I’ve watched Roar under two sets of circumstances now, each ideal in its own way. The first was at B-Fest, where the rambunctious— and largely unsuspecting— crowd was stunned into a silence punctuated only by exclamations of horrified disbelief. The second was at home, in the company of two argumentative housecats. Cat owners, I think, will get more out of Roar than those with pets of other species, because they’ll understand. They’ll recognize the lions’ and tigers’ behavior patterns from their own lives, together with the body language that indicates “DANGER! Pissed-off kitty ahead!” Most of all, they’ll go in aware of how much damage the seven-pound versions of these animals can inflict even when they’re not trying, simply through carelessness and failure to appreciate the fact that humans aren’t protected by thick fur and loose skin. They’ll therefore have a head start on imagining what the seven hundred-pound version is capable of.
What makes Roar such astonishing viewing— and what ultimately forced me to invent a brand new rating just for it— is the stark divergence between the movie that Marshall and Hedren set out to shoot and the one that actually emerged from their efforts. What was supposed to be a treacly, Disneyish family adventure flick, with an uplifting moral about humans living in harmony with nature, came out instead as the most authentically terrifying animal attack picture I’ve ever seen. They thought they were making Grizzly Adams, but they came within an ace of making Grizzly Man. You’ll marvel, slack-jawed, at the irresponsible, idiotic bravery of Marshall and his family as they tempt, taunt, and double-dog dare Fate again and again, for an hour and a half of screen time that translates into five fucking years on the shooting set. You’ll queasily examine every wound depicted, trying to spot the difference between the fake ones and the real ones. You’ll listen even more queasily to the soundtrack every time Melanie Griffith disappears beneath a pile of lions, pricking up your ears to discern whether this is the fabled scene in which the boom mike caught the sound of her face and scalp ripping as she was mauled. Most of all, you’ll learn the quick and easy way the respect for Africa’s most majestic predators that the Marshall family learned but slowly and very, very hard. And while I can’t predict whether you’ll do this, I know I spent the whole movie remembering something Richard Pryor once said in reference to his visit to newly independent Zimbabwe: tourists always want to fuck with the lions, until the lions slap the ass off of them.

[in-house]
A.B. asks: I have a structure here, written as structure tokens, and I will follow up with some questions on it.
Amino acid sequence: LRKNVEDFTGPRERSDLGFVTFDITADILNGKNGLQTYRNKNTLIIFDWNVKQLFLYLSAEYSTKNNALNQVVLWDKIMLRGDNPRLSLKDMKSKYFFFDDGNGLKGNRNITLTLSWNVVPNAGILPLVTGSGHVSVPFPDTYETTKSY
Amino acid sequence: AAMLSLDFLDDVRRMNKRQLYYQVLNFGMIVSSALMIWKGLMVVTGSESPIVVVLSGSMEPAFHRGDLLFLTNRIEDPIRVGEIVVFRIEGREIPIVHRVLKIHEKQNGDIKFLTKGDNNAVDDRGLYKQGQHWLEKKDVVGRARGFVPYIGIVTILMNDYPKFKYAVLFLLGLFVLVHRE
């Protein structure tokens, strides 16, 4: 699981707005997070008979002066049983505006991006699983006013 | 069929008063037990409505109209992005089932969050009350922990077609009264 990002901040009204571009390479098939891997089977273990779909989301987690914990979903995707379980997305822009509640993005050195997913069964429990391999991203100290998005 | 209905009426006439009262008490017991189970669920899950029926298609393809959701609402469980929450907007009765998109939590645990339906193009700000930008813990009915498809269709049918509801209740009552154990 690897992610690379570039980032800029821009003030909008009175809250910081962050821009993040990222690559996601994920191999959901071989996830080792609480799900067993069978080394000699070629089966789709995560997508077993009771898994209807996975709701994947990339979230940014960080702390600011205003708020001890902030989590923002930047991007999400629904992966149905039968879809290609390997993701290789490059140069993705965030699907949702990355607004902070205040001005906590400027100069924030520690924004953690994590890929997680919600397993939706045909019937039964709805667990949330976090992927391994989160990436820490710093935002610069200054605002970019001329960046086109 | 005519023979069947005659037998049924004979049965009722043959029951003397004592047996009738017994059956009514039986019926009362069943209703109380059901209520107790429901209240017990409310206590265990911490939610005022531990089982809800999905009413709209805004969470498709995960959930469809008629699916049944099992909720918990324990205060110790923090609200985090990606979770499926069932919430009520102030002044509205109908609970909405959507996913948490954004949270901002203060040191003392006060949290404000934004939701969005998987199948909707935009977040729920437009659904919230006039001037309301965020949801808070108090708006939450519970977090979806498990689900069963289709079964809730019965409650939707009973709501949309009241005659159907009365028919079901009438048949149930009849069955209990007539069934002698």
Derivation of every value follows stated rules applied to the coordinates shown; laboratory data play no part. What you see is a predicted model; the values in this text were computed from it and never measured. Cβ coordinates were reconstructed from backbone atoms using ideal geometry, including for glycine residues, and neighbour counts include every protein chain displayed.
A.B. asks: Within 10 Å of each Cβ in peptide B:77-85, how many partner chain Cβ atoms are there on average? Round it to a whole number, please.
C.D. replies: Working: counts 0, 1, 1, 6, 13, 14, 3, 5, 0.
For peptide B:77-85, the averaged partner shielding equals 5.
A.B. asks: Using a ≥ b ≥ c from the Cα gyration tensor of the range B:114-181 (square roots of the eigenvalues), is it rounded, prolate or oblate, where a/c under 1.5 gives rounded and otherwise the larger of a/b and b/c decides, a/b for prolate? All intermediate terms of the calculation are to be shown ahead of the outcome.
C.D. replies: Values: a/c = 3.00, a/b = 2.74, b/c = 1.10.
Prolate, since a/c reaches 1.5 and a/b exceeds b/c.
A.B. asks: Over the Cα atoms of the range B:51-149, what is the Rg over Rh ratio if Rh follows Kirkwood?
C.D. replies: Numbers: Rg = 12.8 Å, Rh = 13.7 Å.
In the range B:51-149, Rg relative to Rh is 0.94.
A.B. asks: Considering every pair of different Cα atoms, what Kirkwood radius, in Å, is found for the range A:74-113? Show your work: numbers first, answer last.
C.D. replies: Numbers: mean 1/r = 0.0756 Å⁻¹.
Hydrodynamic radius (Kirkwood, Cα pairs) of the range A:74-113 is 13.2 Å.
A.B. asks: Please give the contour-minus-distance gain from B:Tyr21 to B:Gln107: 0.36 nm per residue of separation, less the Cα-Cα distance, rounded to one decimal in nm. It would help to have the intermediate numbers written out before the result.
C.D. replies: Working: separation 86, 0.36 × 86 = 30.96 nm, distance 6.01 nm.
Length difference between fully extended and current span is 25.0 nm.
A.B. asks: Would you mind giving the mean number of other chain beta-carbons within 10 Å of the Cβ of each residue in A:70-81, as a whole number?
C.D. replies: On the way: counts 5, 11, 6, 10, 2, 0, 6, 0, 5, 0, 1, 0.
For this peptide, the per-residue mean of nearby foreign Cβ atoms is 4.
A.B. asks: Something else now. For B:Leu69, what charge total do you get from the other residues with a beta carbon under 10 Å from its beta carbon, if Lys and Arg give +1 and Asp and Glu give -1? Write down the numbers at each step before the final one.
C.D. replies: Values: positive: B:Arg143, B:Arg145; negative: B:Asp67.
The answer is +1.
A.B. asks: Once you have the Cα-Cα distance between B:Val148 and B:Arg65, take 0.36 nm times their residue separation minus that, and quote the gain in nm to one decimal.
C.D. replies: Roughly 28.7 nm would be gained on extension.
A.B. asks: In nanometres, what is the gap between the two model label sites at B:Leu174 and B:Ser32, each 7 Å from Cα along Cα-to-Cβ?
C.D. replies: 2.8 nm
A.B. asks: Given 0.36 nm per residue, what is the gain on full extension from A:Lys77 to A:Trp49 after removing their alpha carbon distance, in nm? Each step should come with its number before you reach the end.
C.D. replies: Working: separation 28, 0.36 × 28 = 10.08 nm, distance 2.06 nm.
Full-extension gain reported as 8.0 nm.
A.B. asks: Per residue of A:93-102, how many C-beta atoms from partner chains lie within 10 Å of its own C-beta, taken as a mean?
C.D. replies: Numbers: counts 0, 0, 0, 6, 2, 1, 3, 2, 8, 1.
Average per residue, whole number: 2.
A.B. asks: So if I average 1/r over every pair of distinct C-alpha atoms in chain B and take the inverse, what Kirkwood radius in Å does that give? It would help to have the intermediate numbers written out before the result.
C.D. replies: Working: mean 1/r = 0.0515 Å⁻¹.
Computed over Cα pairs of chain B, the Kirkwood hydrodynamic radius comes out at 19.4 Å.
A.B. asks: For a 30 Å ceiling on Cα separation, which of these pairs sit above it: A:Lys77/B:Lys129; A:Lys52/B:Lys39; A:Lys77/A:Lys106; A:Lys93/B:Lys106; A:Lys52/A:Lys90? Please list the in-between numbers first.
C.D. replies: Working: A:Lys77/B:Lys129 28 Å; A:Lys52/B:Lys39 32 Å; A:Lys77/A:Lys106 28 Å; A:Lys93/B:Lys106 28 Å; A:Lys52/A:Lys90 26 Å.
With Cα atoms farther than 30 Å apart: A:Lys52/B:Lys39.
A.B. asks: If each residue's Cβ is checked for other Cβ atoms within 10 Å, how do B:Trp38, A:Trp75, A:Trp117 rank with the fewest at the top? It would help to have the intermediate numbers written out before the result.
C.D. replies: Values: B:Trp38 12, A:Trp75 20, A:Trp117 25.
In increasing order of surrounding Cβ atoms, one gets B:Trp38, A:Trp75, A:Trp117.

All that said, the tale does have a happy ending. Commendably, Tippi Hedren ultimately figured out that this was no way for big cats to live. She arranged to keep the ranch compound where Roar was shot when she and Marshall divorced, and has since transformed it into a permanent sanctuary for big cats and other “retired” showbiz animals. The Shambala Nature Preserve, as it’s now called, houses about a third of its excessive late-70’s population, and those animals enjoy treatment and shelter that could not be further removed from the unsafe and insane conditions depicted in Roar. The Roar Foundation, which manages the preserve, retains the rights to the movie, and whatever royalties trickle in from it help finance the preserve’s upkeep. Sometimes Hollywood do-gooders eventually get it right after all.